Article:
Two Types of Extended Car Warranties
An extended warranty is essentially an insurance policy on your car that provides protection against costly unexpected repairs within a particular span of time and mileage. In contrast with true warranties, which are part of the vehicle price, extended warranties are purchased independently.
These days, you will find two primary types of extended warranties: original equipment manufacturer (OEM) and aftermarket. Ford and Toyota are examples of OEMs. Warranty or insurance providers having no direct connections with a car brand are considered third parties. One example of a third-party service warranty provider that is fast growing in popularity is Cars Protection Plus.
Two types of warranties that OEMs offer are powertrain and bumper to bumper. A powertrain warranty covers engine and transmission issues that are related to workmanship, while a bumper to bumper warranty is intended for most other potential problems with the vehicle, including those involving the vehicle’s electronic systems (power seats, navigation.).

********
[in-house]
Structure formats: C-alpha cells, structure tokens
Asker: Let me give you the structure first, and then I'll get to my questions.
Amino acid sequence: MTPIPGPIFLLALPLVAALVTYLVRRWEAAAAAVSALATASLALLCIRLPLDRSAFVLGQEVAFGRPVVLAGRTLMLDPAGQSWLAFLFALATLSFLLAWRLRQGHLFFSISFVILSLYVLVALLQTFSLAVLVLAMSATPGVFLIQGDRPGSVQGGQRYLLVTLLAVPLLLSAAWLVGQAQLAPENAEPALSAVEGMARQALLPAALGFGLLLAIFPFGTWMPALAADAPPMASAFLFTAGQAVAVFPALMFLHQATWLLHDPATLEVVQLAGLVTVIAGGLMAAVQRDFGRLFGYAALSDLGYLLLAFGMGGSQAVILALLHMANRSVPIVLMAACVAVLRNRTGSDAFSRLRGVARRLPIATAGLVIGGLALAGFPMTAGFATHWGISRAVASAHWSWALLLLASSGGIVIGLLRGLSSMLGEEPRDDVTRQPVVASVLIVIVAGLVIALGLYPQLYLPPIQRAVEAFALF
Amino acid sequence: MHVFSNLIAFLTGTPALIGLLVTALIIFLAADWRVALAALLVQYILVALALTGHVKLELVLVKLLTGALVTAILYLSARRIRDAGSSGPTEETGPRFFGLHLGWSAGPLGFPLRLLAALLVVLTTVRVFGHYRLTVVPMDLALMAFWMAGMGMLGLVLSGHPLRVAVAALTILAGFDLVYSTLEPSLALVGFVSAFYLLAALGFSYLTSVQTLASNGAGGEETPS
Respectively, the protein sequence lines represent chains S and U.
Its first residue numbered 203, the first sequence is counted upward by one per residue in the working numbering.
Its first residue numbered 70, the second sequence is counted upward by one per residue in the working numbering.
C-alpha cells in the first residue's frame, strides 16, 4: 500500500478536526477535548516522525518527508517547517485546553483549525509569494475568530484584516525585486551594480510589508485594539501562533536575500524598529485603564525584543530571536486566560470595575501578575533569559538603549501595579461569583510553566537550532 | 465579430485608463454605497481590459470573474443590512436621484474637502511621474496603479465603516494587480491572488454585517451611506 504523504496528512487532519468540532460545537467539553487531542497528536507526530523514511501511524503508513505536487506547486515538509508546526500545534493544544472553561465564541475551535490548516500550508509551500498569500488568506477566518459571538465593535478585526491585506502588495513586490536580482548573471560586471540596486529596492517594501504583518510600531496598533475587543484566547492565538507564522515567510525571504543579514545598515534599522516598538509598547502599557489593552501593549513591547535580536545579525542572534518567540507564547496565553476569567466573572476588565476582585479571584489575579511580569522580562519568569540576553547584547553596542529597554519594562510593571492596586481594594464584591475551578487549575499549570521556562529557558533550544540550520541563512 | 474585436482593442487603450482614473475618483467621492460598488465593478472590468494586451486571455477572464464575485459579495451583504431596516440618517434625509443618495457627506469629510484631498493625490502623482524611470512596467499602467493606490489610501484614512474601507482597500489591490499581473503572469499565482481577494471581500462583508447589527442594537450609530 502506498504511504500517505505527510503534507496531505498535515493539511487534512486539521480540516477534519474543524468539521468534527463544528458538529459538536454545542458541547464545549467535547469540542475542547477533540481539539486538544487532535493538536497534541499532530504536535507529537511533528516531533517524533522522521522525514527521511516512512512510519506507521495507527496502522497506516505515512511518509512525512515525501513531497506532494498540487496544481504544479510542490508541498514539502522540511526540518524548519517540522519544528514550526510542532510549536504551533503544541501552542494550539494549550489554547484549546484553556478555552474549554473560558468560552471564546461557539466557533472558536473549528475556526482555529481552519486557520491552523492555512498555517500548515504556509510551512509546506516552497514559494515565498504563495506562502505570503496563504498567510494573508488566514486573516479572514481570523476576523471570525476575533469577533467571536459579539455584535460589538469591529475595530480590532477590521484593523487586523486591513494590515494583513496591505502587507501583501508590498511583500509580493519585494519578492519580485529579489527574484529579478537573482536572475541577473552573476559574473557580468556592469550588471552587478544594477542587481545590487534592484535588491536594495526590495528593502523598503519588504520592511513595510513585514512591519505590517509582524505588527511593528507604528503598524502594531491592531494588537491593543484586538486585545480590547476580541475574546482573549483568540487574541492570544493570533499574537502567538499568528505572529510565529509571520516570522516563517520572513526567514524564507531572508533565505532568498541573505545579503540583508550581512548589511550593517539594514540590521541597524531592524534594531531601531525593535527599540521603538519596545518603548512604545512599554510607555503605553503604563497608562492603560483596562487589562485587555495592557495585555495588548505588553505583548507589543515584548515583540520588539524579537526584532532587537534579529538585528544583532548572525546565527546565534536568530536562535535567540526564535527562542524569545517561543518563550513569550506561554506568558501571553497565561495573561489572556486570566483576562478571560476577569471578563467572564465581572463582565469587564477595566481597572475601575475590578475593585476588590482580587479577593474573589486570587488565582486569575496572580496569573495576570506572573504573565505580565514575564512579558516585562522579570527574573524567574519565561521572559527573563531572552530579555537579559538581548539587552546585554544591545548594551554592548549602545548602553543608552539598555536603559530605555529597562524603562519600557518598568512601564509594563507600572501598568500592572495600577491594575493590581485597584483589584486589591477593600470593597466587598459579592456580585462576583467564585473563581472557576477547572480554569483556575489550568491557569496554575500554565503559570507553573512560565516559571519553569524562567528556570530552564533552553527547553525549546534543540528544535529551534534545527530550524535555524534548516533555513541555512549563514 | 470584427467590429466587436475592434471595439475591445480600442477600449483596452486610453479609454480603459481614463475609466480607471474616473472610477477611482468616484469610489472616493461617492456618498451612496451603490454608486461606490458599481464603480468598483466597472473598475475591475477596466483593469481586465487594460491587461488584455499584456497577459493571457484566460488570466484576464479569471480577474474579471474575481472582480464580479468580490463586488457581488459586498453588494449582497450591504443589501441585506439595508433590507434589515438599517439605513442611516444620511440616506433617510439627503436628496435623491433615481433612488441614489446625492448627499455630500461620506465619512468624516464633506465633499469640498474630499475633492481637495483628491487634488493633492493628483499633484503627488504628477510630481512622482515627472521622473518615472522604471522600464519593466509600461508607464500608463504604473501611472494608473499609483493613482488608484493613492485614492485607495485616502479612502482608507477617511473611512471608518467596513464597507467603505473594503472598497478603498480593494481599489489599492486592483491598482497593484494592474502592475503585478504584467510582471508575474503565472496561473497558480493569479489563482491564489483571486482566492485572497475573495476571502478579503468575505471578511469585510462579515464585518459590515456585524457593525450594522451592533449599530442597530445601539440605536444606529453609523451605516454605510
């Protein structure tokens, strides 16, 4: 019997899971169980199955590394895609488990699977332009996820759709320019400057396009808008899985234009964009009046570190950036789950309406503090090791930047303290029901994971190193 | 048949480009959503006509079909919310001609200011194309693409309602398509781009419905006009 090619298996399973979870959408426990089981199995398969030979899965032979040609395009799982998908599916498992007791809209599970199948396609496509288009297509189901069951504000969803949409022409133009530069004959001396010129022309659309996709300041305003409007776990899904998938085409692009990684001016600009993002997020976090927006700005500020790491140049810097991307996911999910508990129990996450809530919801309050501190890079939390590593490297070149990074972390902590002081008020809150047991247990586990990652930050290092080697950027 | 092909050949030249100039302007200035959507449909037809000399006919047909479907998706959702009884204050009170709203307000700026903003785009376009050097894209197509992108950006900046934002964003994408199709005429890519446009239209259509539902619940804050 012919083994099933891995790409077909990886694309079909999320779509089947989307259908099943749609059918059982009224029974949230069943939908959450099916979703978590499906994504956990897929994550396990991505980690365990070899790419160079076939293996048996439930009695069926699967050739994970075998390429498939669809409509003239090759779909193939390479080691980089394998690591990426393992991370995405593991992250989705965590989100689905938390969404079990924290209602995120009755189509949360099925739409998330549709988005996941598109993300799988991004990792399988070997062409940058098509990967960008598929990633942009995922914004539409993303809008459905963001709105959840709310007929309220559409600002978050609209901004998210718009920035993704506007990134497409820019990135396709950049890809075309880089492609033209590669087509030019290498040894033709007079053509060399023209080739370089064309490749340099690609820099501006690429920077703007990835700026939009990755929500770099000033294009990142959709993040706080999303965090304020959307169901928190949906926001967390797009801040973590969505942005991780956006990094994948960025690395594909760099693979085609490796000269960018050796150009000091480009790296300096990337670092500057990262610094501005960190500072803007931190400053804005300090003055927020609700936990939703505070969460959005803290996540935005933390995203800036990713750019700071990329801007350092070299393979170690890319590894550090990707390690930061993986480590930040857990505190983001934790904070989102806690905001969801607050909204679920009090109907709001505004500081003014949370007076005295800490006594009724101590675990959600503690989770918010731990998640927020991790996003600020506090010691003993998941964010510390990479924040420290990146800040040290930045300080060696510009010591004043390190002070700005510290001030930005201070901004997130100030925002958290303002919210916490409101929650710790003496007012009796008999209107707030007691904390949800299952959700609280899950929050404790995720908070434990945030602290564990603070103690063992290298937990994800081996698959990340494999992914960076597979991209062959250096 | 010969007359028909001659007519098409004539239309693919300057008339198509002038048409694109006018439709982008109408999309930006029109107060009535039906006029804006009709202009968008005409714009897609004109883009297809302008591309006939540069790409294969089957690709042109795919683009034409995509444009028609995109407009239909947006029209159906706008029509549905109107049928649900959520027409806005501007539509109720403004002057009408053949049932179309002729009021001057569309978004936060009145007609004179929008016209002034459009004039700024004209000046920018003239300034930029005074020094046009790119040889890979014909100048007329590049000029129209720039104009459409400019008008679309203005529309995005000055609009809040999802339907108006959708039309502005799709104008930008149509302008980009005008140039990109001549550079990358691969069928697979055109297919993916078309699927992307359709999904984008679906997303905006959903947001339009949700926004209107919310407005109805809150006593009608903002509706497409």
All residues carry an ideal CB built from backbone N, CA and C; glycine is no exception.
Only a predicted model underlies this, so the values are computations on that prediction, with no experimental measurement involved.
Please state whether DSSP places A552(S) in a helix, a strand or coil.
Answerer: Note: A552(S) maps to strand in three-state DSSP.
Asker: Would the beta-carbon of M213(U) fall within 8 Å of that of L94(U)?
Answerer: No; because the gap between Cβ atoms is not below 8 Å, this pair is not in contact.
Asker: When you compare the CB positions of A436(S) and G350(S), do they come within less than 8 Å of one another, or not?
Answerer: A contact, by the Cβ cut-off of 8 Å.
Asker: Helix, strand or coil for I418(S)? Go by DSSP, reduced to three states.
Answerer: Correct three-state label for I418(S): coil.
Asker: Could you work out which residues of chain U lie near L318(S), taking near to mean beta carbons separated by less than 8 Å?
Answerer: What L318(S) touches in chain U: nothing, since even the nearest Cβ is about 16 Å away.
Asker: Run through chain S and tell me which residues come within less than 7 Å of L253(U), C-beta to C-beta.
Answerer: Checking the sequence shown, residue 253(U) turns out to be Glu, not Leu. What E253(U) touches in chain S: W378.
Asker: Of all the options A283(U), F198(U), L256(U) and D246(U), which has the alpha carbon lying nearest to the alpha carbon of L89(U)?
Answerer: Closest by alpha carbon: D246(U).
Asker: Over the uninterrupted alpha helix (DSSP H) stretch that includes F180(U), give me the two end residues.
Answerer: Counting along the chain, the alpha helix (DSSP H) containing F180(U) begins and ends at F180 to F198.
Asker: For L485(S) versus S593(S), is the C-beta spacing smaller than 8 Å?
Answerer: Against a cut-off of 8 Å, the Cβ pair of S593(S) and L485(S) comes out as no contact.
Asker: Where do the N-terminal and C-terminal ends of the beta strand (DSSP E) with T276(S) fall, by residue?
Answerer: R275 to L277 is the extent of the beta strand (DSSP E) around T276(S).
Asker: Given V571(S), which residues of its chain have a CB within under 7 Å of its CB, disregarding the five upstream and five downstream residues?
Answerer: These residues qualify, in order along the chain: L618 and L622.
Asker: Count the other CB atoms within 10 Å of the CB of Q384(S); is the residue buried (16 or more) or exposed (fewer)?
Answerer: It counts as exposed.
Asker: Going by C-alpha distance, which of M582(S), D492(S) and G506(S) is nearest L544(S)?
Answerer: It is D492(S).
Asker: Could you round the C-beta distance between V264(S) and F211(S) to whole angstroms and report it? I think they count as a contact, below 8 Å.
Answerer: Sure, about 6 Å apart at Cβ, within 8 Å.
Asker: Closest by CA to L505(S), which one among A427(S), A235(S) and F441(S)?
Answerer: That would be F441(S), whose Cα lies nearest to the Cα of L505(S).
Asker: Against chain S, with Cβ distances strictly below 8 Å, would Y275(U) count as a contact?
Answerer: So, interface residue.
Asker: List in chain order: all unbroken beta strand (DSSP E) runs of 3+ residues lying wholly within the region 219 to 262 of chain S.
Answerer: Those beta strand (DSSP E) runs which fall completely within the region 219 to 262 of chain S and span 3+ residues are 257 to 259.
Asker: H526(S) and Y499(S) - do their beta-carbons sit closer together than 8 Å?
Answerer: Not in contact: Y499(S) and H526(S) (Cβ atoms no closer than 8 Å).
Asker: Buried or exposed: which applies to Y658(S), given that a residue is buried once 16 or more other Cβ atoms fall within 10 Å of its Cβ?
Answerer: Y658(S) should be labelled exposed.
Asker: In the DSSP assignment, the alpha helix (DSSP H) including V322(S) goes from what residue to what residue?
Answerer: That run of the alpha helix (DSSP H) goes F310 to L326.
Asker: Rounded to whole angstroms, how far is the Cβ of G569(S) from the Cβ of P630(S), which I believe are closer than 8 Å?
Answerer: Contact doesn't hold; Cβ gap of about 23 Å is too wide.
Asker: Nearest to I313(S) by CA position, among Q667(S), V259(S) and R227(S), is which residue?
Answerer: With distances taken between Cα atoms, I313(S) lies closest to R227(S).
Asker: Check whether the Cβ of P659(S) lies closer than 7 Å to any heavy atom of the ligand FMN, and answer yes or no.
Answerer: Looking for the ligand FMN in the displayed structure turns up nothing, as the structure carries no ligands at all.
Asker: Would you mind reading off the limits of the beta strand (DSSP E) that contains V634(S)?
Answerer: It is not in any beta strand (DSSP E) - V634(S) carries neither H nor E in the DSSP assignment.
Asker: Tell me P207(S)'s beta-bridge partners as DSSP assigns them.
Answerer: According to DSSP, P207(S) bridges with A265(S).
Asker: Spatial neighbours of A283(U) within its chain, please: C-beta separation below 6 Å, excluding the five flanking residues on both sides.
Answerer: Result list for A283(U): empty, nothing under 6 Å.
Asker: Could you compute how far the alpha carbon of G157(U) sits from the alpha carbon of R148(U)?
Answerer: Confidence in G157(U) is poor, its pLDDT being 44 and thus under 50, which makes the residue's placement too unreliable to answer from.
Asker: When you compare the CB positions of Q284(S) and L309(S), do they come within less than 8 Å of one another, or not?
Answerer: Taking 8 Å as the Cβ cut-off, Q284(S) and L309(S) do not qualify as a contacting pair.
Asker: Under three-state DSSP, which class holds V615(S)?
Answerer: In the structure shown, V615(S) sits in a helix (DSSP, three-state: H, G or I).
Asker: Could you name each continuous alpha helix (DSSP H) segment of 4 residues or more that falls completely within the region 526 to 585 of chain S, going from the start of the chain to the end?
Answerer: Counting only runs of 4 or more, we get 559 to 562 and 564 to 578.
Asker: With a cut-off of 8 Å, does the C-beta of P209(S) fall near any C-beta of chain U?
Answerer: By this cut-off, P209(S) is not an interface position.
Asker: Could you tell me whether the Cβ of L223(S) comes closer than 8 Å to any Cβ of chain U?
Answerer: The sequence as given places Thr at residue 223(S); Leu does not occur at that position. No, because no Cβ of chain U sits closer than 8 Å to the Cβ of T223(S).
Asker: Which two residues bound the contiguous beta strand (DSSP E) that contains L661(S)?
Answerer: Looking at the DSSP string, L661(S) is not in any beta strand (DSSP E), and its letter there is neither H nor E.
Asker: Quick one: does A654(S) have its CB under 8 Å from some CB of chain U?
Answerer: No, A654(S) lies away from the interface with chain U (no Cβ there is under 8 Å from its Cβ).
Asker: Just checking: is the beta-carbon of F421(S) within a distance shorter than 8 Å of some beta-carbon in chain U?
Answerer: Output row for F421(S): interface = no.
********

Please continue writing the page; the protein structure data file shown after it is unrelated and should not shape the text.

An extended OEM warranty often offers benefits that come with a new vehicle purchase, with added services such as roadside assistance. It pays do your research on what these other services will be for different providers in your area. For example, in Murrysville, Pennsylvania, Cars Protection Plus is one of the best choices you have.
When deciding which warranty is the best, you may have to choose between a package with a deductible and without. As with other insurance types out there, a bigger deductible automatically decreases the policy’s overall cost. The great thing is OEM warranty deductibles are usually under $200.
A lot of third-party or aftermarket warranties, including those provided by Cars Protection Plus, provide similar coverage as those offered by OEMs. But of course, you’re still talking about two different products, and even third-party warranties can be unique, depending on the provider. Policies and deductibles, for one, are usually different as well.
Another difference between OEM and third-party warranties concerns the administration of coverage. For example, with a third-party warranty, you may have to pay out-of-pocket for a repair and then file for reimbursement later on. The process won’t be always be quick, but if you choose a reputable provider such as Cars Protection Plus, this will rarely be a problem. In any case, always know the payment expectations up front.
What you may find most advantageous with third-party warranties compared to OEM warranties is that they are incredibly cheaper. There are even cases where a third-party warranty becomes the only option you have. So for example, if you bought a used Chevrolet from a Toyota dealership, it’s unlikely that you will get a Chevrolet OEM warranty.
If you intend to buy an extended warranty from a third party, make it a point to review the fine print thoroughly. Most importantly, buy from a reputable provider, such as Cars Protection Plus.